was fraudulently or wrongfully obtained”. If, however, these words were to be construed in their widest sense, so as to enable a Registrar to act, under the section, upon evidence submitted to him upon which he could make a finding of fraud, I would have grave doubts as to whether this provision could be held to be intra vires of the Legislature of British Columbia. So construed, the Registrar would be clothed with an original jurisdiction to determine questions of title to land in relation to which fraud had been alleged (Attorney-General for Ontario and Display Service Co. Ltd. v. Victoria Medical Building Ltd. et al.,  S.C.R. 32, 21 D.L.R. (2d) 97).
In the circumstances of that case the Registrar was being asked to exercise the powers for correction of the registry which it was alleged had been conferred upon him by the statute, in order to hear and determine legal issues which had arisen between two parties concerning the title to registered land, which involved allegations of fraud. The decision in that case was that s. 256 of the Act gave him no such powers. It should be observed that no attempt is made in The Land Titles Act of Ontario to clothe the Master of Titles with similar jurisdiction. Part IX thereof deals with fraud and s. 125 (now s. 164) provides that, subject to the provisions of the Act with respect to registered dispositions for valuable considerations, any fraudulent disposition of land is void notwithstanding registration.
In the reasons in the Court of Appeal, Schroeder J.A. refers to the then unreported decision of that Court in Re Winter. That judgment now appears at  O.R. 402. That was an appeal from the judgment of Thompson J. who had affirmed the order of the Master of Titles under s. 123 of The Land Titles Act (now s. 167), purporting to rectify the register. Schroeder J.A. held that the Master had no jurisdiction to make the order as by the provisions of the Act itself s. 119 (now s. 169) such power was expressly conferred upon the Court. At p. 405, Schroeder J.A. continues:
Of even graver import is the fact that the Master of Titles, a provincially appointed officer, purported to exercise a judicial power which could only be exercised by a Court in the nature of a Superior, County or District Court in contravention of s. 96 of the British North America Act, 1867: Display Service Co. v. Victoria Medical Bldg. Ltd., 16 D.L.R. (2d) 1,  O.R. 759, affirmed sub nom. A.-G. Ont. & Display Service Co. v. Victoria Medical Bldg., Ltd., 21 D.L.R. (2d) 97,  S.C.R. 32.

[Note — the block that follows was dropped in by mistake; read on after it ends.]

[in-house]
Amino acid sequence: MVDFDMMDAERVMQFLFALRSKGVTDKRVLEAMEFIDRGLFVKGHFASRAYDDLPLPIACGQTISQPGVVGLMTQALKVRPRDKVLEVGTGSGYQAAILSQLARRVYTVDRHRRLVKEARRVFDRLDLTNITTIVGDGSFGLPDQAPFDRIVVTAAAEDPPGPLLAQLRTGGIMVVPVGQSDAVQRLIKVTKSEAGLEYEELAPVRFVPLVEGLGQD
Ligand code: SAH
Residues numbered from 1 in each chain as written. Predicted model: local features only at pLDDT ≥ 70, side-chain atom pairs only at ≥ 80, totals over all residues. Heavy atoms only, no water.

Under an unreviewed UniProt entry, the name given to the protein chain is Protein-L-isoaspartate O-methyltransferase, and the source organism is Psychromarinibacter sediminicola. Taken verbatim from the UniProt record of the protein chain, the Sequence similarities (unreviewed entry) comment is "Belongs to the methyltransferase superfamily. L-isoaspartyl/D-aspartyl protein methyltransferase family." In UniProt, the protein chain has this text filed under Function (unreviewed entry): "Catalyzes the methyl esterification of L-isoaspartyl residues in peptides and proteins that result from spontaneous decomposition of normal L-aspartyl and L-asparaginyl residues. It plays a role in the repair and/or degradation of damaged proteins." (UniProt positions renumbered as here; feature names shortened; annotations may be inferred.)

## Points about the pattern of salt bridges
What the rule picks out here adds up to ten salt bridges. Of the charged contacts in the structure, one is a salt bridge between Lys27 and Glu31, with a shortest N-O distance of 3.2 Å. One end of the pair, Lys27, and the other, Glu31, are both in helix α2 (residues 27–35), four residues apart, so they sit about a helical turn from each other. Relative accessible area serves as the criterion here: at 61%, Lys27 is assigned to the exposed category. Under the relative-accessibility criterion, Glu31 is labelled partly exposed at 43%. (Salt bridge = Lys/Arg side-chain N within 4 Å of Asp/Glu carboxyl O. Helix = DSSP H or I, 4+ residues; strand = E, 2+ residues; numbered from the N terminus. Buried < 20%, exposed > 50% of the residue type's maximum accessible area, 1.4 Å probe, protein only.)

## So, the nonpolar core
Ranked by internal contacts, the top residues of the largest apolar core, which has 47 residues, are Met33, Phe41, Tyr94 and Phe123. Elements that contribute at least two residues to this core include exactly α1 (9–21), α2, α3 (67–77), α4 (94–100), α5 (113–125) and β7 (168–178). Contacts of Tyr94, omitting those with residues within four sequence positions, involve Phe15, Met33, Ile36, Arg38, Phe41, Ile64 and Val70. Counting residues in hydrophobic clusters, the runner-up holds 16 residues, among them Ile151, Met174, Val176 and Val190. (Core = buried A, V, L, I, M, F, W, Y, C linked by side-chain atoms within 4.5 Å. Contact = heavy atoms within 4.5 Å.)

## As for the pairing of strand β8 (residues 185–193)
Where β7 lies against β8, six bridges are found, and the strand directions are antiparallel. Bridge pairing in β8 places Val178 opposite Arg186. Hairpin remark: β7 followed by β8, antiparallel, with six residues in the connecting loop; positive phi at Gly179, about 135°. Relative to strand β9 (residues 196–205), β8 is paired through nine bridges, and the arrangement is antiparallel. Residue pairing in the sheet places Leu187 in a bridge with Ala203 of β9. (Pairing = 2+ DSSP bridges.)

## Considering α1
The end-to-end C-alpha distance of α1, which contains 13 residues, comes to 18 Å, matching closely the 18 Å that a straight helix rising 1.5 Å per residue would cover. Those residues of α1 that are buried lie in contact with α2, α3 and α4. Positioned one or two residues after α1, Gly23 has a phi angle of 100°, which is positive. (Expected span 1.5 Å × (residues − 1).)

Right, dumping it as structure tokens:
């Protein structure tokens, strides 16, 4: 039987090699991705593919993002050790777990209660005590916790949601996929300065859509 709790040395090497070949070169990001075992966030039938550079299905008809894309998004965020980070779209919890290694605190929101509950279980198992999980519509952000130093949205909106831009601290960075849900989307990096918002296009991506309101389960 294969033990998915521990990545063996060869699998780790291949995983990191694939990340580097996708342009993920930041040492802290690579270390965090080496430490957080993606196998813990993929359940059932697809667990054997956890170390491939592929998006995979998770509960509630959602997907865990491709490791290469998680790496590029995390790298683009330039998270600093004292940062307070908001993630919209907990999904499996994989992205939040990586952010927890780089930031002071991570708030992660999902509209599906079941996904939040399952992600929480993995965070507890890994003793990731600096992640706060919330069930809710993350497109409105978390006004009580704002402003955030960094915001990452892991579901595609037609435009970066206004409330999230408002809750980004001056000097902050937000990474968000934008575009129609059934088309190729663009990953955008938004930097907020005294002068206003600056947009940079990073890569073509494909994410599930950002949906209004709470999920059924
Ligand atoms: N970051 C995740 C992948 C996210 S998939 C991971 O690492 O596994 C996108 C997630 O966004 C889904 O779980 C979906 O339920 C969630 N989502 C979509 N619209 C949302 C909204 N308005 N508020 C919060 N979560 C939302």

For the reasons which I have set out above, I am not willing to accept this view.
There is, however, a judgment of this Court in 1962 which is relevant. In Farrell v. Workmen’s Compensation Board, Judson J., delivering the judgment of the Court, considered the opinion of the judge who heard the application in the British Columbia Court, inter alia, that the provisions of s. 76(1) of the British Columbia Workmen’s Compensation Act were ultra vires as in violation of s. 96 of the B.N.A. Act, and said:
The Court of Appeal ruled against both these grounds and on appeal to this Court, counsel for the applicant abandoned any attack on the Board on the ground of infringement of s. 96 of the British North America Act. It is very questionable whether there could be any profitable argument on this point after the judgments in Workmen’s Compensation Board v. C.P.R.,  A.C. 184, 88 L.J.P.C. 169, Kowanko v. J.H. Tremblay Co.,  1 W.W.R. 787, 51 D.L.R. 174, 30 Man. R. 198, Attorney‑General of Quebec v. Slanec and Grimstead, (1933) 54 Que. K.B. 230, 2 D.L.R. 289, Reference re The Adoption Act,  S.C.R. 398, 71 C.C.C. 110, 3 D.L.R. 497, and Labour Relations Board of Saskatchewan v. John East Iron Works Ltd.,  A.C. 134,  L.J.R. 66.
In the result, therefore, I have concluded that the order of the Local Master of Titles confirmed by the Director was one which he had jurisdiction to make and such jurisdiction was not granted in violation of s. 96 of the British North America Act.
The Court of Appeal for Ontario not having considered the grounds for appeal other than that dealing with the jurisdiction of the Local Master of Titles, the case should be returned to the Court of Appeal for disposal upon the other grounds of appeal as set out in the notice of appeal to that Court, and also for the disposition of costs other than costs of appeal to this Court. I am of the opinion that in view of all the circumstances of this case, there should be no costs in this Court.
Appeal allowed; no costs in this Court.
Solicitors for the appellant: Greer & Kelly, Oshawa.
Solicitors for the respondents: Blake, Cassells & Graydon, Toronto.